January 09, 2023

What Is Happening To Brands With A 29% Repurchase/Rebuy Rate?

We don't talk about it often because it isn't a lot of fun to talk about. But the business models we built in the first twenty years of e-commerce are crumbling.

It's not that anybody is failing, per se. It's that the business models were built on an assumption that customer acquisition would be cheap and easy.

Let's assume your customer base has a 29% repurchase rate (29% of 2021 buyers purchased again in 2022). If those customers purchase, they spend $200. Meanwhile, new/reactivated buyers spend $130 each.

Pretend your business has 100 customers at the start of the year. Pretend your business will acquire 71 new customers. Pretend you spend $3,000 a year on advertising. Pretend that 40% of sales flow-through to profit. Pretend that you have $1,500 a year in fixed costs. 

  • 100 Customers * 29% Rebuy Rate * $200 + 71 New/Reactivated * $130 = $15,030 sales.
  • $15,030 sales * 0.40 - $3,000 ad cost - $1,500 fixed costs = $1,512 EBT, 100 customers.
That's a nice business ... 10% pre-tax profit.

Then your friends at Facebook stop delivering for you. Oh sure, you'll blame Apple, it's their fault they shut down a portion of the surveillance economy that helped you earn a bonus check. But we all know the truth. We know we should never, never, never have depended upon third parties for bulk new customers at a low cost. Never. Ever.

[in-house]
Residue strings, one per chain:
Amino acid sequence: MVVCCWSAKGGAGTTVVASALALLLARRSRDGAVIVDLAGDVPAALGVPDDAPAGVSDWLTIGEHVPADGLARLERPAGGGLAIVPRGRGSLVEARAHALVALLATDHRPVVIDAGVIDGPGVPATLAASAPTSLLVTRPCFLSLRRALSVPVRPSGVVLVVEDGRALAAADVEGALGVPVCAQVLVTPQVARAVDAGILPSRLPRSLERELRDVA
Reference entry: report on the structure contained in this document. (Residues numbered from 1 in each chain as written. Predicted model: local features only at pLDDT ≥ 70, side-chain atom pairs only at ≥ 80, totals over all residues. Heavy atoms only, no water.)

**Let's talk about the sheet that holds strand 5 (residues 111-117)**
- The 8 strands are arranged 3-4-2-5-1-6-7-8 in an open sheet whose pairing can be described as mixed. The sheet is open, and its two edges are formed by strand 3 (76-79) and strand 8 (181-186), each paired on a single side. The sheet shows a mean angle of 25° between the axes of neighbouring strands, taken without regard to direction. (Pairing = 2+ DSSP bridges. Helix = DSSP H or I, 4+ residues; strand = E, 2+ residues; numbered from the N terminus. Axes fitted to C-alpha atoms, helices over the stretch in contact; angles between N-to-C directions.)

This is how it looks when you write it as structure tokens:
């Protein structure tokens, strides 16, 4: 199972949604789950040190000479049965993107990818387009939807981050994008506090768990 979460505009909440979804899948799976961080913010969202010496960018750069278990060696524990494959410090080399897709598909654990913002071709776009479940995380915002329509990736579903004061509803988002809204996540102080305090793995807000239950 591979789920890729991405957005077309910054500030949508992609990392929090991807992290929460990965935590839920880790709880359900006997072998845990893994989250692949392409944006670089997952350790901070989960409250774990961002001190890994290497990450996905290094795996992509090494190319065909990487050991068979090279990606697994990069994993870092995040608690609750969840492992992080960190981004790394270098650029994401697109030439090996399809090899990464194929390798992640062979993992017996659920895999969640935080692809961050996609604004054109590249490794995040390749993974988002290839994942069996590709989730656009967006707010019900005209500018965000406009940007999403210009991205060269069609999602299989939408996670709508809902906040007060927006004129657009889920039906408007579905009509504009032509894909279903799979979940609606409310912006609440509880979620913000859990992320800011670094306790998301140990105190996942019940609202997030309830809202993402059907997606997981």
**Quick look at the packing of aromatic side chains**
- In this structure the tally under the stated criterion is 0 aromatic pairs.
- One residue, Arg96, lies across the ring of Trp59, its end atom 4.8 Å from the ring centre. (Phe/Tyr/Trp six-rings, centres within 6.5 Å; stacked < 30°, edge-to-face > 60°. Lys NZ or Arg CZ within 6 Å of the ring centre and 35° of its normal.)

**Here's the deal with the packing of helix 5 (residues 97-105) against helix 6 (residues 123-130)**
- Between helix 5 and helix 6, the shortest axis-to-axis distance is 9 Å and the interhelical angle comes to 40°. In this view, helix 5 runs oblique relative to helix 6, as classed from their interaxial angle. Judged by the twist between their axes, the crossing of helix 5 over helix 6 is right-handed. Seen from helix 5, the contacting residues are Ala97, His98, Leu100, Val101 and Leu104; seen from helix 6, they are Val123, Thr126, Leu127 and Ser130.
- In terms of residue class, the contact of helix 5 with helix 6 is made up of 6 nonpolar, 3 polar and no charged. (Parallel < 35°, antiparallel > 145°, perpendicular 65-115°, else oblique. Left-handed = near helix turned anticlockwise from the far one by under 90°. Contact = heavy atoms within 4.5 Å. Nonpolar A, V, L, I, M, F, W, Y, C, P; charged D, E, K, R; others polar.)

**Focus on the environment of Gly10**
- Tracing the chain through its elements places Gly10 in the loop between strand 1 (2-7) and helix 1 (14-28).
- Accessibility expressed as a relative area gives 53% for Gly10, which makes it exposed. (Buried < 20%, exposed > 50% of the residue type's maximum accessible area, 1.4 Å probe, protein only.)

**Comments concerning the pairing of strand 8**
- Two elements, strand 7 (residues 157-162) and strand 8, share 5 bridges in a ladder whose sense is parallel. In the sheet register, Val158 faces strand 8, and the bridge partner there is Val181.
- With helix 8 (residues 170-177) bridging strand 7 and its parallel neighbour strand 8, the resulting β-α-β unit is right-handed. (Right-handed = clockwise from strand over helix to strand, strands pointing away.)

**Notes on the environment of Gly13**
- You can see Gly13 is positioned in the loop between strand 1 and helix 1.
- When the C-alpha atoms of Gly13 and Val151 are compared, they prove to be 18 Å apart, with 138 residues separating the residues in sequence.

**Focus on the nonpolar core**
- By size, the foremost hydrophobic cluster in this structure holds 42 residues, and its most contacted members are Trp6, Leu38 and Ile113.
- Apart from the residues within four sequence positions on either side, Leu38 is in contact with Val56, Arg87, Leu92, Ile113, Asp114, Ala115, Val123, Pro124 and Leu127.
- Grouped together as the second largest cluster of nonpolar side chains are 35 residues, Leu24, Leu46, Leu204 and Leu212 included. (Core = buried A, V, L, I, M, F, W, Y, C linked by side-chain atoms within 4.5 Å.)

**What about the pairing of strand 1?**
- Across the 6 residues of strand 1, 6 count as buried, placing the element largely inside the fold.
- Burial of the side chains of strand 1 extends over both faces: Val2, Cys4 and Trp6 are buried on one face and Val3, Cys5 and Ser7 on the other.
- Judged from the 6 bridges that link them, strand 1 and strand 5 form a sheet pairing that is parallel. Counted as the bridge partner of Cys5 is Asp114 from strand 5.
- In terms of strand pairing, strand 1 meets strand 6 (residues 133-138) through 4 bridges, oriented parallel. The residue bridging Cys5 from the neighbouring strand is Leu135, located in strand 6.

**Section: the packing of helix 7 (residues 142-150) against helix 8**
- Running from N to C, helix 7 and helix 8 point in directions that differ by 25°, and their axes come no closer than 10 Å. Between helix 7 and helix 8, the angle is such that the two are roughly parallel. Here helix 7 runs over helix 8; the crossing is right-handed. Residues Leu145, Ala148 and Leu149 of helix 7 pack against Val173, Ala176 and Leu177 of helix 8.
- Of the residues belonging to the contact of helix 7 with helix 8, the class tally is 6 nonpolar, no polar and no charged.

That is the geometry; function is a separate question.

So you lose 30% of your new customers. You cut your ad budget by 10%, trying to optimize the situation. Here's your new p&l.

  • 100 Customers * 29% Rebuy Rate * $200 + 50 New/Reactivated * $130 = $12,300 sales.
  • $12,300 sales * 0.40 - $2,700 ad cost - $1,500 fixed costs = $720 EBT, 79 customers.
Now you have a 6% pre-tax profit.

Worse, you only have 79 customers instead of 100. Let's run the situation forward another year.
  • 79 Customers * 29% Rebuy Rate * $200 + 50 New/Reactivated * $130 = $11,082 sales.
  • $11,082 sales * 0.40 - $2,700 ad cost - $1,500 fixed costs = $233 EBT, 73 customers.
You're down to 2% pre-tax profit. And just 73 customers.

See what's happening?

Now, if you don't have a viable customer acquisition plan that doesn't cost and arm and a leg, you are heading down a path that isn't ... viable.

All because customer acquisition became harder.

This is what is happening to brands with a 29% rebuy rate.

You fix the p&l several ways.
  1. You come up with an alternate customer acquisition program (I've been barking about this for seven years).
  2. You change your merchandise assortment to encourage frequent repurchase or you find a way to generate recurring income (i.e. subscriptions).
  3. You find a way to minimize variable costs (gonna be hard).
  4. You find a way to trim fixed costs (works for awhile).
Obviously you cannot go down the (3) (4) path for long. And you don't want to go down the path of (1) because if you did you would have made changes back in 2015-2016.

So (2) becomes your future.

This is what is happening to brands with a 29% rebuy rate.

P.S.:  This is where some of you tell me that you'll just increase your loyalty efforts, that you'll turn a 29% rebuy rate into a 39% rebuy rate or 49% rebuy rate. If that were true, what exactly stopped you from already doing that over the past twenty years? It's darn near impossible to move rebuy rates. How many of you had a captive customer audience who couldn't visit stores in 2020 and what happened to your rebuy rates during that time? That's a best case scenario (for e-commerce).

Which brings us back to (1)

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